After reporting a significant increase in first-time claims for U.S. unemployment benefits in the previous week, the Labor Department released a report on Thursday showing initial jobless claims unexpectedly saw further upside in the week ended December 12th.
The report said initial jobless claims rose to 885,000, an increase of 23,000 from the previous week’s revised level of 862,000.
The continued increase surprised economist, who had expected jobless claims to drop to 800,000 from the 853,000 originally reported for the previous week.
With the unexpected increase, jobless claims climbed to their highest level since hitting 893,000 in the week ended September 5th.
“While hope is on the horizon as the coronavirus vaccine comes online, the labor market, for now, remains under a severe strain as Covid cases surge and restrictions on activity are put in place,” said Nancy Vanden Houten, Lead U.S. Economist at Oxford Economics.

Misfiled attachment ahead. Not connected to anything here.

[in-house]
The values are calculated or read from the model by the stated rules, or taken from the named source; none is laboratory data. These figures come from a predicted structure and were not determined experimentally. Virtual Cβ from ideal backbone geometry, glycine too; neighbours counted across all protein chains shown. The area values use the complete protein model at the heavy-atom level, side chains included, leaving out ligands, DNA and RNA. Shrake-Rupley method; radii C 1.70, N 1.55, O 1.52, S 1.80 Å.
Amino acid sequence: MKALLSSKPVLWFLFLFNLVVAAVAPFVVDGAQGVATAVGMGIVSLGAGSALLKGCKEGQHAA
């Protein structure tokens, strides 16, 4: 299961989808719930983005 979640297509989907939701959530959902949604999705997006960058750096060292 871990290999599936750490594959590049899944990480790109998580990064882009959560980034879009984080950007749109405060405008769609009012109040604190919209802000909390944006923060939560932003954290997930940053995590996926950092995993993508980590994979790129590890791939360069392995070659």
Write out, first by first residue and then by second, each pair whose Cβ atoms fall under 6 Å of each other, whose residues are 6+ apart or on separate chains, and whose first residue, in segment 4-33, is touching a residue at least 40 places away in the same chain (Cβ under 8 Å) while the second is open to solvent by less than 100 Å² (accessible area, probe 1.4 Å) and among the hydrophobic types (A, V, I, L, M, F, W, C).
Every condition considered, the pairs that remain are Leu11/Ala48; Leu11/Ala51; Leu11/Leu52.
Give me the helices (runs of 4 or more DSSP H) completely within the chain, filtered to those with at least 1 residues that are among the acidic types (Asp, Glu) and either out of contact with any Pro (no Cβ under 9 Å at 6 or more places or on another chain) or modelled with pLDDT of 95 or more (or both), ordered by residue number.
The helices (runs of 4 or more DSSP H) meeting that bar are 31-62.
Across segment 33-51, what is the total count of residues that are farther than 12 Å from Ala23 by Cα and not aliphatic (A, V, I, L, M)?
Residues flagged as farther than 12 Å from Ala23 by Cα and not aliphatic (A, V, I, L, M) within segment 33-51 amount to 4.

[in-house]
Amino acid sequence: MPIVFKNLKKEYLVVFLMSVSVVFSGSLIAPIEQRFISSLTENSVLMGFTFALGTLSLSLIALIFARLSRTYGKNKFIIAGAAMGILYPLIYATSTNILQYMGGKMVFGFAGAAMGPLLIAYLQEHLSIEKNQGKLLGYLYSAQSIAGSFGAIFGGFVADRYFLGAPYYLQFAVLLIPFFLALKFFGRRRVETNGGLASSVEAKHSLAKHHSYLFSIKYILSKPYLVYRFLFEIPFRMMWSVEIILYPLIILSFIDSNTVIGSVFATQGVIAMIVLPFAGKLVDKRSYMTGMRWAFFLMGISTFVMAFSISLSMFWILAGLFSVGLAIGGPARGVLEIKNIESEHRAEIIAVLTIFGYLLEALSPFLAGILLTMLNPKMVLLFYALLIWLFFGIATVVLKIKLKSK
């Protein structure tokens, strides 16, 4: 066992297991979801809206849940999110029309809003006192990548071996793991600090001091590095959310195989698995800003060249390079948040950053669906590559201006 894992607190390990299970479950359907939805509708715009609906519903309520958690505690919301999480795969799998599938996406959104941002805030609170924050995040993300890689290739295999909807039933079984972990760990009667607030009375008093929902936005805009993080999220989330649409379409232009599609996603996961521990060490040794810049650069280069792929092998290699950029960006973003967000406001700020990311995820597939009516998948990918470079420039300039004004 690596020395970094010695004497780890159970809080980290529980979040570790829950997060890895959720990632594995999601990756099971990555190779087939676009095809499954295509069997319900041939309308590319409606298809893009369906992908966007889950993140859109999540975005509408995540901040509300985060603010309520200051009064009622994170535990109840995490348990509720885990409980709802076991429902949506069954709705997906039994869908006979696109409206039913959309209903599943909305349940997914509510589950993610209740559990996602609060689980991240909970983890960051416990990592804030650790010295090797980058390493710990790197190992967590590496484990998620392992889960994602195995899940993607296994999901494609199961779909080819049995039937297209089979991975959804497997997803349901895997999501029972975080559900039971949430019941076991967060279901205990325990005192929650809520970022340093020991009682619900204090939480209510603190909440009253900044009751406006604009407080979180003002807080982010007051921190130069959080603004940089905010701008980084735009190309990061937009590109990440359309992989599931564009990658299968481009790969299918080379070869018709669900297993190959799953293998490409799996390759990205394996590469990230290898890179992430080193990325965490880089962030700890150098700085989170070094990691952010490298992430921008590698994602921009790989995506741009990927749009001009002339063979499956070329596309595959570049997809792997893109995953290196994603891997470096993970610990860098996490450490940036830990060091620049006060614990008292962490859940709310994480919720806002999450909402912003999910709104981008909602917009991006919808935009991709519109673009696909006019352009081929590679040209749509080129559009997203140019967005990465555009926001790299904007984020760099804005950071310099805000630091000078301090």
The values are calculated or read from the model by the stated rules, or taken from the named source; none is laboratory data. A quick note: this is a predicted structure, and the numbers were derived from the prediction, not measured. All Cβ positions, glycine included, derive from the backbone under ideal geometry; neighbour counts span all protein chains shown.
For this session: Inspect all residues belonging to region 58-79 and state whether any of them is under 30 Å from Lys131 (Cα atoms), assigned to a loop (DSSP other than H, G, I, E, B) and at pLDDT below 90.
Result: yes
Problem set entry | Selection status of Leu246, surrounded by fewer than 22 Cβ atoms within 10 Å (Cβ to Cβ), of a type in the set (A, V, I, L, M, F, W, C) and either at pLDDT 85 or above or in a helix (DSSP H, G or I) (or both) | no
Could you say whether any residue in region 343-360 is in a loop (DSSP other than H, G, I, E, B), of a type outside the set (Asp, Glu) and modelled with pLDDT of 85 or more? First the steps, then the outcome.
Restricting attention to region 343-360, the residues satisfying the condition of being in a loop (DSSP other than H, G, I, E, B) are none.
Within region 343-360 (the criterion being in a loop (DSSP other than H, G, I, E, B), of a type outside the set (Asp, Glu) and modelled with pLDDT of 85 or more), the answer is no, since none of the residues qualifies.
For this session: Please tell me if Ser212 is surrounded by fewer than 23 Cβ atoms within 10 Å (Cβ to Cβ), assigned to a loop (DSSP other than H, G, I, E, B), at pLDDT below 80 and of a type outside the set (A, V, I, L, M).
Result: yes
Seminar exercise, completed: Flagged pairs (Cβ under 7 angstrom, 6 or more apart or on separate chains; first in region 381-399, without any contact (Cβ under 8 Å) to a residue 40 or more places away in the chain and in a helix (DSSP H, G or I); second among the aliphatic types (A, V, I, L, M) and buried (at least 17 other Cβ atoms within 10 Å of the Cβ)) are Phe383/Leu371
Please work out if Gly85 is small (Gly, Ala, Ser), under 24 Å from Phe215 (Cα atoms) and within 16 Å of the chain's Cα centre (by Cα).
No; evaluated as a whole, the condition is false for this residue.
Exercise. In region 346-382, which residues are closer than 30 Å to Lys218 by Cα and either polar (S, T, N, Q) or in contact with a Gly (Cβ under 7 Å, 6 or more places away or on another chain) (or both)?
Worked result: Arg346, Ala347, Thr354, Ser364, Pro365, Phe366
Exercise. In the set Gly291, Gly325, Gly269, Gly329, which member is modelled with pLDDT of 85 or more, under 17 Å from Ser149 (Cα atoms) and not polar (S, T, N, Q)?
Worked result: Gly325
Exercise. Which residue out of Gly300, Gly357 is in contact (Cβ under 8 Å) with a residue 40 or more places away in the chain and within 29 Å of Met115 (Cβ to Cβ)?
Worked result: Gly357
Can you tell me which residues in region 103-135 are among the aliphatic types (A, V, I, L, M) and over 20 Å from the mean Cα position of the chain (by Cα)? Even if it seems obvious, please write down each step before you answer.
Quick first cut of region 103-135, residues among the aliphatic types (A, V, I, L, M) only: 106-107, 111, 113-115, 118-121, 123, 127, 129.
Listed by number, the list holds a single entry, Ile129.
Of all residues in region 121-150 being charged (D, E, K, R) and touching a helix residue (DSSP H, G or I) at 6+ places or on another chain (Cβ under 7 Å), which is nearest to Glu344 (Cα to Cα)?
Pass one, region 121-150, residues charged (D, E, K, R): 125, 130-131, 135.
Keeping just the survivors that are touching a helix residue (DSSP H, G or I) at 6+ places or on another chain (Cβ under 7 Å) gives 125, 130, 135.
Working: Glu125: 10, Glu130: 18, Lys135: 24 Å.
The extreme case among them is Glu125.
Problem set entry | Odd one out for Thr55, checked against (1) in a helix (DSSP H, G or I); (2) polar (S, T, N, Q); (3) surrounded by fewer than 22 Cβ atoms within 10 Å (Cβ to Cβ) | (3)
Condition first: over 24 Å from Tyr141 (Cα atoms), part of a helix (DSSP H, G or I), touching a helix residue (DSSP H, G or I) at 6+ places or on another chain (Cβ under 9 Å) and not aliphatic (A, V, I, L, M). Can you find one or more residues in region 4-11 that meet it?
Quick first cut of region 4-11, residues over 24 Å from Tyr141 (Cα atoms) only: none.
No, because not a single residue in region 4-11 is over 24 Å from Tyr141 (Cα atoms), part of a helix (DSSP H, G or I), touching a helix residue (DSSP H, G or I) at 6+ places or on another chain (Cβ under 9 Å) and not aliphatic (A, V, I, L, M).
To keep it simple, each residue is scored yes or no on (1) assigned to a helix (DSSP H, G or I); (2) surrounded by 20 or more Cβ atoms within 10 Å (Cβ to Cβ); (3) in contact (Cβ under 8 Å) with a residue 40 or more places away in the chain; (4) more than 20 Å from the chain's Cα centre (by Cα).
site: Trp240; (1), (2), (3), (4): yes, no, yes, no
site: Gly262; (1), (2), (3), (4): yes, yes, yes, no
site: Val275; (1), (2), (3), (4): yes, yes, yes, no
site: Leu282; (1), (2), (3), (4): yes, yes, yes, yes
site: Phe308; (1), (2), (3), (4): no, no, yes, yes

The Labor Department said the less volatile four-week moving average also rose to 812,500, an increase of 34,250 from the previous week’s revised average of 778,250.
Meanwhile, the report said continuing claims, a reading on the number of people receiving ongoing unemployment assistance, fell by 273,000 to 5.508 million in the week ended December 5th.
The four-week moving average of continuing claims also slid to 5,726,250, a decrease of 215,500 from the previous week’s revised average of 5,941,750.